Well-being Always Comes First: Sara Anhorn, Critical Mass

Critical Mass continues to be flexible and trusting in our employees to be productive, responsive, and respectful of one another.

Critical Mass
Digital
Calgary, Canadá
See Profile
 

 

Since employees have transitioned to working from home, how has the agency been helping them to adapt?

Now that we've gotten used to being 100% remote, employees’ expectations are shifting. People want to leave big cities or work from an AirBnB for a month. Critical Mass was proactive in integrating remote employees into our culture before it wasn't an option and have made further operational enhancements to ensure our culture is not just functioning but thriving remotely. Here are some examples: 

  • CM Wellness: Our human resources team provides weekly updates on challenges facing Critical Mass employees, including resources on how to work from home with kids, antiracist resources (and how to support minority colleagues), how to avoid WFH burnout, and more. 
  • Cultural Collaboration: We've universally employed tools to connect remotely with teams, clients, and individuals (e.g., Slack, WebEx, Box, and more). We've likewise adopted smarter creative tools, selectively employing the best technology for coordinating among creative, technology, and data endeavors (e.g., Sketch, Abstract, InVision, Figma, Miro, and Tableau)
  • Burnout Prevention: When leaving the office means moving from your desk to the couch, creating boundaries between work and home becomes even more challenging than in normal times. To address burnout at the agency, we created a burnout hotline, provided time management and boundary-building resources, provided additional paid time off, actively encouraged staff to use vacation time, and encouraged mentors and colleagues to look out for one another.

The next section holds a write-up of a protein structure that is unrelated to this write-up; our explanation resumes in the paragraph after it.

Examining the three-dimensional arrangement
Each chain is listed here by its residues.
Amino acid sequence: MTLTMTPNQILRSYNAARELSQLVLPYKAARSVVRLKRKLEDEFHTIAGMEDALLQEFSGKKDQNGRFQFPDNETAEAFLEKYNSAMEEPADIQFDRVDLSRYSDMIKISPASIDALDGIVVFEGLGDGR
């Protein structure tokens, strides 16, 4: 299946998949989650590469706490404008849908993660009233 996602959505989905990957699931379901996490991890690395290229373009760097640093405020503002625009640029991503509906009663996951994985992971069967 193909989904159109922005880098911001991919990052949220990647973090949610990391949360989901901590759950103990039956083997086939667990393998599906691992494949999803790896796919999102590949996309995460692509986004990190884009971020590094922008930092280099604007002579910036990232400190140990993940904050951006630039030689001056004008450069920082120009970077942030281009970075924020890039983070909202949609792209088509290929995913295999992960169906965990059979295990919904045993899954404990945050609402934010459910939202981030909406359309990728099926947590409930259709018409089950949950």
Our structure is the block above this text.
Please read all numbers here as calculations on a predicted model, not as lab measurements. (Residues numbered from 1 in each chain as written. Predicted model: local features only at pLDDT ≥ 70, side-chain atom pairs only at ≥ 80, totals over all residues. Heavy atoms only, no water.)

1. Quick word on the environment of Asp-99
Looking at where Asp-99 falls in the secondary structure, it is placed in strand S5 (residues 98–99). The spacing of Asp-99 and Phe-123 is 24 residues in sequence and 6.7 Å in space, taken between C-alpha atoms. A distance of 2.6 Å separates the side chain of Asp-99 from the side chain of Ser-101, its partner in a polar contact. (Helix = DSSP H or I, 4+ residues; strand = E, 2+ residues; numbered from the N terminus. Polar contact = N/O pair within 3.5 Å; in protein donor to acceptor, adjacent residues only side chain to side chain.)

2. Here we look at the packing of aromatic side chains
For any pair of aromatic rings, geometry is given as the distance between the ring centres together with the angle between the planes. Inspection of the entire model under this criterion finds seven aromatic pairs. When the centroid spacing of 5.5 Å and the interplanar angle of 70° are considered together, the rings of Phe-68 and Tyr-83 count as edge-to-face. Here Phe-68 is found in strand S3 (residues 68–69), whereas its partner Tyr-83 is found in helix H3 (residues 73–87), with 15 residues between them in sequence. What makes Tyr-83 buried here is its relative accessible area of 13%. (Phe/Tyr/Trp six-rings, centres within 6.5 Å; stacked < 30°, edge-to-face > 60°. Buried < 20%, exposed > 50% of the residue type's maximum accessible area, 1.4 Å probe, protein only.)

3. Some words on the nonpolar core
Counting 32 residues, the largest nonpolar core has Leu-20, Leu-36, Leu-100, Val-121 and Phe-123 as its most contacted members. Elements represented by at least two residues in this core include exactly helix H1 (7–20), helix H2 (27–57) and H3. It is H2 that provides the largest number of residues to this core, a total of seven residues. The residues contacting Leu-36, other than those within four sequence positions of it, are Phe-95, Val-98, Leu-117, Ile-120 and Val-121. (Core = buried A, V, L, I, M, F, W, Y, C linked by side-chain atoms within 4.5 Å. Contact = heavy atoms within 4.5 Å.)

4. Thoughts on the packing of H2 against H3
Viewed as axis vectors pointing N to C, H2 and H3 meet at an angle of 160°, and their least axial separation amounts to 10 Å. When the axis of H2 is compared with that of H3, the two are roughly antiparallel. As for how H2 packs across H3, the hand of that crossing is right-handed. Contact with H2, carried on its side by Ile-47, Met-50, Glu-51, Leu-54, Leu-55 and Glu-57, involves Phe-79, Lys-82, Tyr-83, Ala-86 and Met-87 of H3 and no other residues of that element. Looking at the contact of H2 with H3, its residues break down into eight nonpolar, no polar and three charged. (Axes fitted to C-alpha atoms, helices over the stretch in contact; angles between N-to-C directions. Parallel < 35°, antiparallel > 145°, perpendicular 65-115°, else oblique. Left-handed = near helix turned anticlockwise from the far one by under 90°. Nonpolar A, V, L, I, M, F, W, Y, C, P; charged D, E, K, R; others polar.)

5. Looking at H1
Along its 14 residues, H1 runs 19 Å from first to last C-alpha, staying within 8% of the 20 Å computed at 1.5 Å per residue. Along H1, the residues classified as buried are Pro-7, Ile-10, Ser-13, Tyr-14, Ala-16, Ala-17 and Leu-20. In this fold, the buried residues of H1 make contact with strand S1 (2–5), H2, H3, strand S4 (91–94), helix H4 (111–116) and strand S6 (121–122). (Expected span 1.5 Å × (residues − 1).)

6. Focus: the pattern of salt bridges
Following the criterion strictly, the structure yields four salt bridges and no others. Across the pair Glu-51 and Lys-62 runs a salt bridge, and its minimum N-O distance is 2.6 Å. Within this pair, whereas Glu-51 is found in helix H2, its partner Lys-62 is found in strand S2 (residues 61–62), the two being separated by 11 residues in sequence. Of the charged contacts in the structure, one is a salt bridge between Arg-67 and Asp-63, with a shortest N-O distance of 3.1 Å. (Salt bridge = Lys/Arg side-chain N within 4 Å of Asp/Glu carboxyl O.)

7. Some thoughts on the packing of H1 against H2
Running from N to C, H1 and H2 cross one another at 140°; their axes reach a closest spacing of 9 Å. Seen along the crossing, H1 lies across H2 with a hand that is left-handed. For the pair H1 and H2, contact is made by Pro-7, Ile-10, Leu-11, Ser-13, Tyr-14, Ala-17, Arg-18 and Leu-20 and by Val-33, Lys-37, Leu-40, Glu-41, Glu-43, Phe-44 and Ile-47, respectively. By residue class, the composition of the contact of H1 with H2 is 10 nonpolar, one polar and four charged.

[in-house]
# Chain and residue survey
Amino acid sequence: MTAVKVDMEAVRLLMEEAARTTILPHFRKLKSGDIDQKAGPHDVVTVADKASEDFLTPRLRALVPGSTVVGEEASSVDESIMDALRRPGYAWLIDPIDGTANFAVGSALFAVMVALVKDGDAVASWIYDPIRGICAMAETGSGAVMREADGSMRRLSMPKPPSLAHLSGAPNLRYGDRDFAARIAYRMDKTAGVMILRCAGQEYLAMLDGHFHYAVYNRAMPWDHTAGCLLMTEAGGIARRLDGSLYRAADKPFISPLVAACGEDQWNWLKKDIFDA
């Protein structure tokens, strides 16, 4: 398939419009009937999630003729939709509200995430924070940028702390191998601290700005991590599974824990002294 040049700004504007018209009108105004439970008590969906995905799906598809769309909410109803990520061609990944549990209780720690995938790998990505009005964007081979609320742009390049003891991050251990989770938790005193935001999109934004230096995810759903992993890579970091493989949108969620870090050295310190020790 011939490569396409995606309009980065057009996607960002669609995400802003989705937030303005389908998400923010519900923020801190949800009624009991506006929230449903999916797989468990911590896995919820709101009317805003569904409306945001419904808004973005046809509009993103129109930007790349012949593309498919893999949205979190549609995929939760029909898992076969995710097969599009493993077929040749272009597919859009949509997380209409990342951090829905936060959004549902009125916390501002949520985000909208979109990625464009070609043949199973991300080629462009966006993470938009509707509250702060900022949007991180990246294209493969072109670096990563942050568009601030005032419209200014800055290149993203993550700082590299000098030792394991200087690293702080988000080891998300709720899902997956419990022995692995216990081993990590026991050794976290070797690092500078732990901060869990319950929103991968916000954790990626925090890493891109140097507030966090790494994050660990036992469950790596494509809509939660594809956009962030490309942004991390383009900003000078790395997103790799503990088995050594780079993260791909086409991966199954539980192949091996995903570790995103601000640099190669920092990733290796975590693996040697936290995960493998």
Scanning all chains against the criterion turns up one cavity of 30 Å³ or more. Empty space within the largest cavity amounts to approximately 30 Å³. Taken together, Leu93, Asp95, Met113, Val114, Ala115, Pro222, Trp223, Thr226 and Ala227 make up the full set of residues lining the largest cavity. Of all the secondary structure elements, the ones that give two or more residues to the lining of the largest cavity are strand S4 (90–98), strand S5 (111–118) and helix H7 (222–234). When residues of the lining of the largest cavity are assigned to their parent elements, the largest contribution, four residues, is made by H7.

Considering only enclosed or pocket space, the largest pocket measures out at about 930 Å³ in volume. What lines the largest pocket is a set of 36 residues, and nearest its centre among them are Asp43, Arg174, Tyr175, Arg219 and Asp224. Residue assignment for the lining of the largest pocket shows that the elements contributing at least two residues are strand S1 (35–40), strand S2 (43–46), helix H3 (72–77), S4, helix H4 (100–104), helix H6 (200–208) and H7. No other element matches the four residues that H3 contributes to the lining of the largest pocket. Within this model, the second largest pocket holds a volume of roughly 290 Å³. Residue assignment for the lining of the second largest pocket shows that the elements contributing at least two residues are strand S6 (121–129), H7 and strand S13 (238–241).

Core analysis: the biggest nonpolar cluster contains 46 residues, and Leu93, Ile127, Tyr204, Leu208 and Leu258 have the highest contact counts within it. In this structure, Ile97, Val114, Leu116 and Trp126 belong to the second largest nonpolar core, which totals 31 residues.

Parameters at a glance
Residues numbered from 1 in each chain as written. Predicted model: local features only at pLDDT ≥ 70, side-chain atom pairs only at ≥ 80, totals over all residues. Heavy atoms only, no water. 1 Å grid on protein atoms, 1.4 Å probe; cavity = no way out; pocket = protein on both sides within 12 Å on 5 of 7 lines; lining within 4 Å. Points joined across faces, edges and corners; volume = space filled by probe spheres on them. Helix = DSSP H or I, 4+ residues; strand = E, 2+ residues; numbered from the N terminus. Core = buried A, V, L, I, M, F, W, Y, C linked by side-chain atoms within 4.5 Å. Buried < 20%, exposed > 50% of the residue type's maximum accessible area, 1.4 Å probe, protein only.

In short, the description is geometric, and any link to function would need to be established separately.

• Hearing from Leaders: Collaboration can't happen if we're not all on the same page—especially in an uncertain, post-COVID world. We used to have global town halls twice a year. Now, we hold them every two weeks. We’ve upped office-level communication to weekly (from semi-monthly) and increased the frequency of discipline and client-level connection points.
  • Employee and Family Assistance: We offer Mental health support for Critical Mass employees and their families struggling through the personal and/or work-related challenges of being at home during a global pandemic.
  • Finding Balance: We're finding virtual ways to celebrate our employees' passions, interests, and lives outside of Critical Mass—one way of spreading cheer and connectedness when we can't physically be together. Some favorites include sharing recipes that make the most of a pantry; a #parents slack channel for parents to gather, commiserate and laugh about all things parenting; #showmeyourlunch (self-explanatory); and some time-out, non-work related hangouts.

 

How are the attitudes of employees evolving as the crisis continues?

As we’ve moved from crisis to coping, we’ve kept the pulse on how our employees are feeling with their new working environments through company-wide surveys and career developer feedback. No one wants to be living and working through a pandemic—but overwhelmingly, our staff is showing us they are engaged and supported. Speaking to our staff in a transparent, consistent, and human way has been integral in maintaining and even elevating the sense of trust and support our staff feels from the agency. Our most recent pulse check garnered our highest results to date. Turnover numbers, while clearly impacted by global market circumstances, are dramatically lower than previous years, even as opportunities arise within a dispersed digital space.

  

What has been the most challenging part of working from home for team members?